Divorcing the Rural
Miss Science and Marital Crisis in the Reform Era
Members of the May Fourth generation often found themselves caught between the old “feudal consciousness” and the new “modern consciousness” when they struggled to modernize family life by practicing free love and free marriage/divorce. Decades later, during the post-revolutionary period, a renewed discourse of modernization replaced the Maoist rhetoric of class struggle and “continuous revolution” to reconfigure the entanglements between individual, state, and family. As a result of the shifting ideological and institutional environments, the male intellectual's moral quandary and identity crisis caused by the gaps between the traditional and the modern as well as between the rural and the urban once again became the essential subject of fiction about divorce and marital strife.
Breaking the political and moral constraints imposed by socialist ideology, the intellectual discourses centering on romantic love and Enlightenment humanism in the early 1980s redefined the form and meaning of love, marriage, and divorce. This chapter pays a critical visit to the very starting point of China's reform era through a close reading of two influential, award-winning stories about the marital crisis of Shi Ping, a peasant-turned-intellectual, and his extramarital affair with Qiu Fei, a woman scientist in Shanghai. In recontextualizing and reexamining the texts on social cultural conditions since the 1980s, this chapter is as much about the past decades as it is about current social problems, particularly the widening gap between the urban and the rural and the increasing tension between the educated elites and the masses in post-revolutionary China.
In the face of radical marketization and global consumerism, a wave of nostalgia for the 1980s is sweeping across China's cultural landscape. That period is often commemorated as a “euphoric decade,” when Chinese intellectuals were idealistic iconoclasts who stood at the center of the cultural transformation that was believed to be a precondition for China's modernization.1
Viewed through such a nostalgic lens, the 1980s intellectual-led “new enlightenment movement” (xin qimeng yundong
) is comparable to the earlier May Fourth movement in terms of their allegedly common agenda of bringing Enlightenment thoughts, humanism, scientific knowledge, and modern consciousness to China. In the past few decades, many scholars have written critical works on the 1980s,2
yet none of these studies considers the interaction between the dominant intellectual discourse of the decade and the drastically changing social life in the rural areas, particularly in the private sphere of the domestic interior.
Outside of the field of literary and cultural studies, Susan Greenhalgh provides an ethnographic account of Dengist China's turn to scientism in the 1980s, revealing the ways in which a group of cyberneticists “scientized” the one-child policy and how this radical policy affected Chinese society, particularly peasant family life.3
However, this groundbreaking work focuses on the policymaking process, not on the day-to-day lives of the Chinese peasantry. Furthermore, Greenhalgh emphasizes the natural scientists' crucial role in the 1980s “scientizing moment” without taking into account the interaction, cooperation, and contestation between scientists and humanists in this transitional period. As a result, many pressing questions have been left unanswered: What structures of classification and domination were built up and sentimentalized in the process of institutionalizing scientific knowledge production and dissemination? What role did literary representations play in legitimizing 1980s intellectual discourse centered on the “emancipatory capacity of knowledge”? In what ways does an alliance of scientific modernity and literary representation affect the reimagination of private life in the domestic interior?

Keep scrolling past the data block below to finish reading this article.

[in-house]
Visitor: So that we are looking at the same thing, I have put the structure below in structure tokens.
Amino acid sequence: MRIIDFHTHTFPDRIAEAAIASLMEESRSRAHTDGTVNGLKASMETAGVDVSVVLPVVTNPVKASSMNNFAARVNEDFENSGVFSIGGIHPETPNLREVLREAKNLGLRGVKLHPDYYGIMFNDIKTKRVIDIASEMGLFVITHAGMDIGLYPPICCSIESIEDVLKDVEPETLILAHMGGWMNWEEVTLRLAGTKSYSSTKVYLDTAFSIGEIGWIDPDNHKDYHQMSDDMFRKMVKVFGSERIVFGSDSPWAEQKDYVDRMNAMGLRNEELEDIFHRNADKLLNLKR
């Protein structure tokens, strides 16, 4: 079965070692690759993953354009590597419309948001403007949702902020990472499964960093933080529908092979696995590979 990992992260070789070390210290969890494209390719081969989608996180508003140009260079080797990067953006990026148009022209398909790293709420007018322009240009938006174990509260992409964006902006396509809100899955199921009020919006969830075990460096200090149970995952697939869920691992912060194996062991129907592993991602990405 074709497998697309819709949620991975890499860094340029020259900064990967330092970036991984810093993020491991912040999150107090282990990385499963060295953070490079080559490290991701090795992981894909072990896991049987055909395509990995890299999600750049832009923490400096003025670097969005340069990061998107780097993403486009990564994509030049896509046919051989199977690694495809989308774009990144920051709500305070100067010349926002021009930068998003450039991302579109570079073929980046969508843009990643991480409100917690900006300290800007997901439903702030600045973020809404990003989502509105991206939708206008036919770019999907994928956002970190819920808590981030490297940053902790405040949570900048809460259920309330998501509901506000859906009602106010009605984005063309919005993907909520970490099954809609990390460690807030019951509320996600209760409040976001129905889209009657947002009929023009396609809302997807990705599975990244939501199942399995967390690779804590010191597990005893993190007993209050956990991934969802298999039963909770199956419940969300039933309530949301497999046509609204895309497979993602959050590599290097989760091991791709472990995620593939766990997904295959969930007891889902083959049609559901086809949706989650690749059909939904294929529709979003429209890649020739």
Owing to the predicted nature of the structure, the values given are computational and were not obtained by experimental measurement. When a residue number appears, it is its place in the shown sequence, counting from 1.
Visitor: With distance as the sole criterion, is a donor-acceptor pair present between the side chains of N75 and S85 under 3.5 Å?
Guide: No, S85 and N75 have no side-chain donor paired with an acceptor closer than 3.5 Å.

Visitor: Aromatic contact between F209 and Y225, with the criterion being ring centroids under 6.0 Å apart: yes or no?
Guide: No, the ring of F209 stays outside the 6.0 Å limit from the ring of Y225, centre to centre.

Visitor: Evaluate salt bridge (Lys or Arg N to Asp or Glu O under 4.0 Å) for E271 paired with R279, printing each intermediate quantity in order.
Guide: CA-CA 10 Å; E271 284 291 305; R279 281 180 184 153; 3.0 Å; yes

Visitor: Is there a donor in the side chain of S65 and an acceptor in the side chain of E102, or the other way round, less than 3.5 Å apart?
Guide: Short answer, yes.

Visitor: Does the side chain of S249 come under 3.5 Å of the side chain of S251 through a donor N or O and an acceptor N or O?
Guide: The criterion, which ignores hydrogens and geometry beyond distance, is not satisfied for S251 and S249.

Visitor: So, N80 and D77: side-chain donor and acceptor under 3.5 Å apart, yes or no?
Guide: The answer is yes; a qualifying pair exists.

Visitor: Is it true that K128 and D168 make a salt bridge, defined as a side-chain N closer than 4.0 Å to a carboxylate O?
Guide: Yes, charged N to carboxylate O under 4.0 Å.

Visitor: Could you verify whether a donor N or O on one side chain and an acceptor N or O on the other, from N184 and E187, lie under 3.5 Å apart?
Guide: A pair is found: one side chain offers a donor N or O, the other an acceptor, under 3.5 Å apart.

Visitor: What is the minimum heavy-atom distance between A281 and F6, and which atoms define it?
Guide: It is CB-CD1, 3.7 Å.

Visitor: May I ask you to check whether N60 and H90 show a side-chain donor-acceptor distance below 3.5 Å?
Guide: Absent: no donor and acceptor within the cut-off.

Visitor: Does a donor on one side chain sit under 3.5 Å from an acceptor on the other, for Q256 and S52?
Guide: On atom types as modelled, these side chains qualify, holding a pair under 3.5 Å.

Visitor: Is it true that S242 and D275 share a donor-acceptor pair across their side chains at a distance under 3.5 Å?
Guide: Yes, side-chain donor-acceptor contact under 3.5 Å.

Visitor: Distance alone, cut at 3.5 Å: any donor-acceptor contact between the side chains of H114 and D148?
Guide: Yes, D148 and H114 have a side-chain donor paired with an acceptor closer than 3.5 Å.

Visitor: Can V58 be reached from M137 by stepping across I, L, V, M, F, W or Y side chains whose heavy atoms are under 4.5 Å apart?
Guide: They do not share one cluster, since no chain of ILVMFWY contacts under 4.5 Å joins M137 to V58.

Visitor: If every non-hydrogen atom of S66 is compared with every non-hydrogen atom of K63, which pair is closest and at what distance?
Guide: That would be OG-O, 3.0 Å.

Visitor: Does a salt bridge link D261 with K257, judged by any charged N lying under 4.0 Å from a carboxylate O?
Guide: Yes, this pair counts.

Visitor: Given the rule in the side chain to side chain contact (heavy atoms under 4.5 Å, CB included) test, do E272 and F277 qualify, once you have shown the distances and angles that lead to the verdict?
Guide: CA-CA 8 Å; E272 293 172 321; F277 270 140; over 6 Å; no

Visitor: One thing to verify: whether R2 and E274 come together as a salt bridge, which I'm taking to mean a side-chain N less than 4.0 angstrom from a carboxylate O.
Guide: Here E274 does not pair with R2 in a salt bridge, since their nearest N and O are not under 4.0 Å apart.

Two controversial short stories written jointly by Chen Kexiong and Ma Ming in the 1980s are illuminating in this regard. In both pieces, the power of scientific knowledge is constantly invoked to naturalize strategies of political domination and to intrude in people's marital life. The first story is “Return, Cries the Cuckoo” (Dujuan tigui). First published in the literary magazine Youth
(Qingchun) in 1980, it won the national Youth Literary Prize and aroused a heated
debate regarding the tension between “feudal” tradition and scientific modernity, a common theme of intellectual debate at this historical moment.
The story is narrated mainly from the point of view of Shi Ping, the male protagonist, a married peasant from a remote village. At the end of the Cultural Revolution, Shi is admitted into college for his literary talent. There, he falls in love with a girl studying nuclear physics, stirring up a deep dissatisfaction with his rural lifestyle. When graduation approaches, he is forced to make a choice between staying with the well-educated girl in the big city or going back to his peasant wife and young daughter in the countryside. After a long, bitter internal struggle, he finally decides to return to his peasant wife's side.
Discussing their motivation for composing such a morally ambivalent story, Chen and Ma revealed that they had witnessed many similar divorce cases when they attended Fudan University in Shanghai. Some of their fellow students came from the countryside, while many others had been “sent-down” youths (xiaxiang zhishi qingnian) during the Cultural Revolution. These students had gotten married and had children in their rural homes before leaving to attend university in a big city. Chen and Ma wrote this story to expose their marital problems and internal agonies.